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Library Inclusion Plan

Contents:

  1. Library Inclusion Vision
  2. Library Inclusion Mission
  3. Definitions
  4. Purpose of Planning Process
  5. Guiding Principles
  6. Context
  7. Statement of Accountability and Communication Plan
  8. Goals and Objectives
  9. Appendix A: Resources
  10. Appendix B: Planning Process
  11. Endnotes

Library Inclusion Vision

The Library will increase connectedness and belonging to a campus community that supports student success.

Library Inclusion Mission

CCA Library staff will recognize and leverage the strengths of our diverse campus community to create and promote inclusive library spaces, resources, and support for student learning.

Definitions

Belonging:  The extent to which students feel personally accepted, respected, included, and supported by others[i]

Connectedness: Frequent interactions or affiliation with the same person or group[ii]

Diversity:  Individual differences (e.g. life experiences, learning and working styles, personality types) and group/social differences (e.g. race, socio-economic status, class, gender, sexual orientation, country of origin, ability, intellectual traditions and perspectives, as well as cultural, political, religious, and other affiliations) that can be engaged to achieve excellence in teaching, learning, research, scholarship, and administrative and support services.[iii]

Equity-Minded: The perspective or mode of thinking exhibited by practitioners who call attention to patterns of inequity in student outcomes. These practitioners are willing to take personal and institutional responsibility for the success of their students, and critically reassess their own practices. It also requires that practitioners are race-conscious and aware of the social and historical context of exclusionary practices in American Higher Education. [iv]

Inclusion:  Involvement and empowerment that recognizes the inherent worth and dignity of all people. An inclusive Library promotes and sustains a sense of connection and belonging; it values and practices respect for the diversity of its staff and patrons.[v]

Purpose of Planning Process

This plan is a proactive attempt to be explicit, integrated and strategic in our approach to inclusion. We will work toward creating common values, language, and a focus on inclusion.  We will invite individual Library staff to recognize that we are all responsible and accountable for equity-minded library services.

Guiding Principles

  • Centered on student success
  • Data-informed – based on needs and gaps
  • Reflect where we want to be
  • Inclusive – shaped by input from students and all Library staff
  • Transparent – well documented and visible

Context

The Community College of Aurora (CCA) is currently the most diverse higher education institution in the state of Colorado.  CCA was designated as a Hispanic Serving Institution (HSI) in 2017 and the college is more diverse than our service area, as a whole.  In Fall 2019, 69% of those enrolled were students of color and 32% were Latinx.[vi]  Our service area is 39% people of color, 27% Latinx.  However, the Aurora Public Schools were 85% students of color, 55% Latinx.  It is likely that our area high school demographics may impact future enrollment trends, continuing the increase in Latinx and other students of color. The CCA campus community is committed to equity, diversity, and inclusion through Inclusive Excellence.  The Library will support this community through proactively serving our students in ways that recognize, value, and respect our growing campus diversity.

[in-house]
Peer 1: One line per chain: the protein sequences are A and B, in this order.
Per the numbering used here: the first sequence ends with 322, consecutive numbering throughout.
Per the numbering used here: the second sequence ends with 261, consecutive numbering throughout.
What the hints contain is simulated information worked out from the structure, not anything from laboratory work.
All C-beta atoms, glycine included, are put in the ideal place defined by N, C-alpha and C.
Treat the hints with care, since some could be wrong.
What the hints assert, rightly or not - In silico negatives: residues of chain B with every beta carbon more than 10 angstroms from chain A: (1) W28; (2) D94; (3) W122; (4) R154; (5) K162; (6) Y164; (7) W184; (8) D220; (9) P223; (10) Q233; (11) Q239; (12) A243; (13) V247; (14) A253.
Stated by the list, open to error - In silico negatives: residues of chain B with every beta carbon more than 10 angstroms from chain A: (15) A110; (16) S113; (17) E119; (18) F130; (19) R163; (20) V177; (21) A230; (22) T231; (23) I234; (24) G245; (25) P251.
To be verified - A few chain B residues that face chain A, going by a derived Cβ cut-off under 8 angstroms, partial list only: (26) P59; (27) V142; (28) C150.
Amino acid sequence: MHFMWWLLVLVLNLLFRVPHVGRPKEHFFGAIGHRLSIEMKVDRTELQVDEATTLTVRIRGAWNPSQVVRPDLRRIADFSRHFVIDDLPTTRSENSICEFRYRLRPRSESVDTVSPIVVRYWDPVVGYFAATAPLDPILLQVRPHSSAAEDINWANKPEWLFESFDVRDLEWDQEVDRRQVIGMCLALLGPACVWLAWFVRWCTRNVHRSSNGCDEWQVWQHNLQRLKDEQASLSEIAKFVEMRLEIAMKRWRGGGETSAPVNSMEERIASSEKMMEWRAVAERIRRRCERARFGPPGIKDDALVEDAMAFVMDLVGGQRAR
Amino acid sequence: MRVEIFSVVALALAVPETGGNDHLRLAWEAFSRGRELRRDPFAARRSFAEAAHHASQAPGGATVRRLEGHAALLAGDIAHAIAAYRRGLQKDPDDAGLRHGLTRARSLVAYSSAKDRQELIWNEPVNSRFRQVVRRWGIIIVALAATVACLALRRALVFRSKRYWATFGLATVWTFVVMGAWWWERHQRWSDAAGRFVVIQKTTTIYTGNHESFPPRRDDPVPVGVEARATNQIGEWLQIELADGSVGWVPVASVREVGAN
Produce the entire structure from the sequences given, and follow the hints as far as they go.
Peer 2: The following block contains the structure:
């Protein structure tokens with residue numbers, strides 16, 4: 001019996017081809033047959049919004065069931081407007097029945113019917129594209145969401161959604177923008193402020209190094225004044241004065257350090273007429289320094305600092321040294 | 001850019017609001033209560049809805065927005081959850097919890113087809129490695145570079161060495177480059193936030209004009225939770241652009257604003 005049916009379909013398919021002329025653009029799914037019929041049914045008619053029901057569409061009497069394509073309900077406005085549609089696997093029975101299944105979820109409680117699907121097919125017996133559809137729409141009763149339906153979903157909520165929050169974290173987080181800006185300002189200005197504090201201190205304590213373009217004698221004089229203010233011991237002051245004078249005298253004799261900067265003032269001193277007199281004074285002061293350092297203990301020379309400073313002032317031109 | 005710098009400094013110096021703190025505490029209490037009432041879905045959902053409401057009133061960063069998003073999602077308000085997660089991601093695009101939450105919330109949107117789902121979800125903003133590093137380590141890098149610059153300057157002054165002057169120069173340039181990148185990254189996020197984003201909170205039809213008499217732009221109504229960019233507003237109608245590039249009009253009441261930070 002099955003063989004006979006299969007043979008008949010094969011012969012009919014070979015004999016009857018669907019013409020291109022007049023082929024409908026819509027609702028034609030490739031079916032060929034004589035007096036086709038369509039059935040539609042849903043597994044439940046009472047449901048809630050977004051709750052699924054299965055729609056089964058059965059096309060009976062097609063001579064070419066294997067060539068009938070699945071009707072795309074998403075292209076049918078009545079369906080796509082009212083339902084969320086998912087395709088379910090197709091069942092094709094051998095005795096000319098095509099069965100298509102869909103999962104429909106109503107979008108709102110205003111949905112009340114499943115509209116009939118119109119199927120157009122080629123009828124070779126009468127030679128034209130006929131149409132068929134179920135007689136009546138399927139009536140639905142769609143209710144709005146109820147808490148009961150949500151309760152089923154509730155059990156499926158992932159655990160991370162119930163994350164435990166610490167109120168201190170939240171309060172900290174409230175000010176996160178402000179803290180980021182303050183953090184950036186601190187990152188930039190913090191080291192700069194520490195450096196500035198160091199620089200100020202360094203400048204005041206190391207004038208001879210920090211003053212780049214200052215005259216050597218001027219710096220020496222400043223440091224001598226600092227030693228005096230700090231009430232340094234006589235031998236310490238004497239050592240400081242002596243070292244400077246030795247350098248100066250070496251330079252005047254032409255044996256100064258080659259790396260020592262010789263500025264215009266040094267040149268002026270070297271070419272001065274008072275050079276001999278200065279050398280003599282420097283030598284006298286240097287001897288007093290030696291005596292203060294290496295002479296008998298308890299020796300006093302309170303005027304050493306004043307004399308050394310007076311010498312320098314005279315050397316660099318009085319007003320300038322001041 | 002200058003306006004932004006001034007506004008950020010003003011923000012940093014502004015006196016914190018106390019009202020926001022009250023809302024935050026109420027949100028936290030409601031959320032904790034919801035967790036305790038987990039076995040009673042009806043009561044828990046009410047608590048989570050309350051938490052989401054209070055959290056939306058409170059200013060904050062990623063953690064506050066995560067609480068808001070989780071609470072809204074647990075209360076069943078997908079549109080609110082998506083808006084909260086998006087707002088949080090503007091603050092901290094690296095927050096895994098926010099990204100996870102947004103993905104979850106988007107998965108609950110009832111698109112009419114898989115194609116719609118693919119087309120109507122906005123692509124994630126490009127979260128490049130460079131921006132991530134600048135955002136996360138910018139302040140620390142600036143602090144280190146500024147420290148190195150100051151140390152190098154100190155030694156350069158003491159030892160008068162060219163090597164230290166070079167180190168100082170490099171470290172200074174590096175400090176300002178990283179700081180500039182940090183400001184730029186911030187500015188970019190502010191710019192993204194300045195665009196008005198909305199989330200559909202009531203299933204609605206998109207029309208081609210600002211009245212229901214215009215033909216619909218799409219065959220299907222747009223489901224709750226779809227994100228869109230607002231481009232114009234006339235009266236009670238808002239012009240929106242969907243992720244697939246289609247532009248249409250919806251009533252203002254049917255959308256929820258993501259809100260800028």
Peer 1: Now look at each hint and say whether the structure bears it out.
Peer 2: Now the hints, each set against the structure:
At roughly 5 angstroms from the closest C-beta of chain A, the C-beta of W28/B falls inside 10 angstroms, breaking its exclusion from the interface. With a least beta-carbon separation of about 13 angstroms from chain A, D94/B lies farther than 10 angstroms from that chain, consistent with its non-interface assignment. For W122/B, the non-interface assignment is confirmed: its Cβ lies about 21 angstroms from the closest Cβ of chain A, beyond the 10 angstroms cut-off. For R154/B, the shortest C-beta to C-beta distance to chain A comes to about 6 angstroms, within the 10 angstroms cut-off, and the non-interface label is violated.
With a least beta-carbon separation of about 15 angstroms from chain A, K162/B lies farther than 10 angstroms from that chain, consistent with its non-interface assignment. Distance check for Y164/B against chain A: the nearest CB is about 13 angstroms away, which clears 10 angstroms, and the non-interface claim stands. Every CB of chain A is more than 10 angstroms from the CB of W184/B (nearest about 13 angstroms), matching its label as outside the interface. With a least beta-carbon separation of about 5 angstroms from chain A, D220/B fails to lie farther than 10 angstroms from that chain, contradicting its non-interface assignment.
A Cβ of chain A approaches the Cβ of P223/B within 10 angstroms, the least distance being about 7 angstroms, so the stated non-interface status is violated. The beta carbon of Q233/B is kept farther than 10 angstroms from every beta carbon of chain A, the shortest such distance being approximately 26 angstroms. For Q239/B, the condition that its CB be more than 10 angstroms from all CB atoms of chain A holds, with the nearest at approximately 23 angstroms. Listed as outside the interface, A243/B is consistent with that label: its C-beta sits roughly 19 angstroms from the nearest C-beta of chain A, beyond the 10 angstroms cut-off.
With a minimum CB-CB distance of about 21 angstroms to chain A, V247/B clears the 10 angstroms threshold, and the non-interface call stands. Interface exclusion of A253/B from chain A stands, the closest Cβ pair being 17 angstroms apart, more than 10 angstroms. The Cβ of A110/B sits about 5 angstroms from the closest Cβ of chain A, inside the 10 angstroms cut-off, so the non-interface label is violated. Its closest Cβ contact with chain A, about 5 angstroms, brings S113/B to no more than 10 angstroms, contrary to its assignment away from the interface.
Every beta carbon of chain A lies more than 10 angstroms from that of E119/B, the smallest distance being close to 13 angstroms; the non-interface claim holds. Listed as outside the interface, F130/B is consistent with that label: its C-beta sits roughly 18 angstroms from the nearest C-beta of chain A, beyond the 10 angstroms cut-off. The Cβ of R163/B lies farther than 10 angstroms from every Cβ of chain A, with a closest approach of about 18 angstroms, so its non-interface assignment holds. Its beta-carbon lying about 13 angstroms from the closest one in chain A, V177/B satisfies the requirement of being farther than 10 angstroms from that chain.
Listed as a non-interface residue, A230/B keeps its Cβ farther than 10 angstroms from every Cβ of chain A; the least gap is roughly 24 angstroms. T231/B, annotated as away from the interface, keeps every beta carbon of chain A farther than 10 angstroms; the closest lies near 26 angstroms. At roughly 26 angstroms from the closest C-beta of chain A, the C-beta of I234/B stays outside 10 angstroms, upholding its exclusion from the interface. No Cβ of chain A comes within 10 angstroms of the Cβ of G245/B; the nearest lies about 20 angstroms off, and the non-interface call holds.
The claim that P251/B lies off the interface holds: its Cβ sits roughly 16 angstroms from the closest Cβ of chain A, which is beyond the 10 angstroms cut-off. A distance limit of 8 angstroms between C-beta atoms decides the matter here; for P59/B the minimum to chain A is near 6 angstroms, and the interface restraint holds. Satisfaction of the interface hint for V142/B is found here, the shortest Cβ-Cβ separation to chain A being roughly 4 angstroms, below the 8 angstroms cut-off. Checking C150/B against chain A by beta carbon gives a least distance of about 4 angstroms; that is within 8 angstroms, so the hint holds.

The Colorado Master Plan for Higher Education[vii] has a goal to erase equity gaps while improving student success overall.  CCA has responded by setting similar goals focused on student success while committing to an inclusive college culture.  The Library is embarking on this plan in order to intentionally support institutional goals and values through planning that is framed through an inclusive excellence lens.  To this end, the Library Strategic Direction, 2017-2020 includes the goal to “Intentionally design services to support equity, diversity, and inclusion.” This multi-year, phased plan will help us achieve this goal by guiding our strategies for spaces, resources, and support.  The Library will endeavor to impact college success goals through our work to support student sense of belonging and engagement outside of the classroom.

In the 2019 CCA Student Campus Climate Survey, 82% of students agreed or strongly agreed that they felt a sense of community in their classes.  The sense of community outside of the classroom is not as strong, with only 61% saying they agree or strongly agree that they have a sense of community outside of the classroom.  Only 63% say they agree or strongly agree that they are comfortable participating in campus social life. In the third level of his hierarchy, relating to love and belonging, Maslow wrote that a person will “hunger for affectionate relations with people” and for a place in a group.[viii] It is imperative that students feel connected, supported, and valued in order to have a sense of belonging.[ix] Finding a sense of belonging has positive impacts on persistence, academic motivation, and academic progress.[x] [xi] [xii] Sense of belonging has been found to have a direct correlation to success in college for students of color.[xiii] a By prioritizing planning that works to increase sense of belonging we will strive to impact equity gaps for minoritized students.

Statement of Accountability and Communication Plan

The Inclusion Plan Cycle will run from April to March of each year.

  1. April 1: Inclusion Plan year begins
  2. October: Midyear progress check-in
  3. March: Library staff report on progress on their inclusion and equity performance goals.
  4. March: Draft Inclusion Objectives for following Year
  5. March 31: Inclusion Plan year ends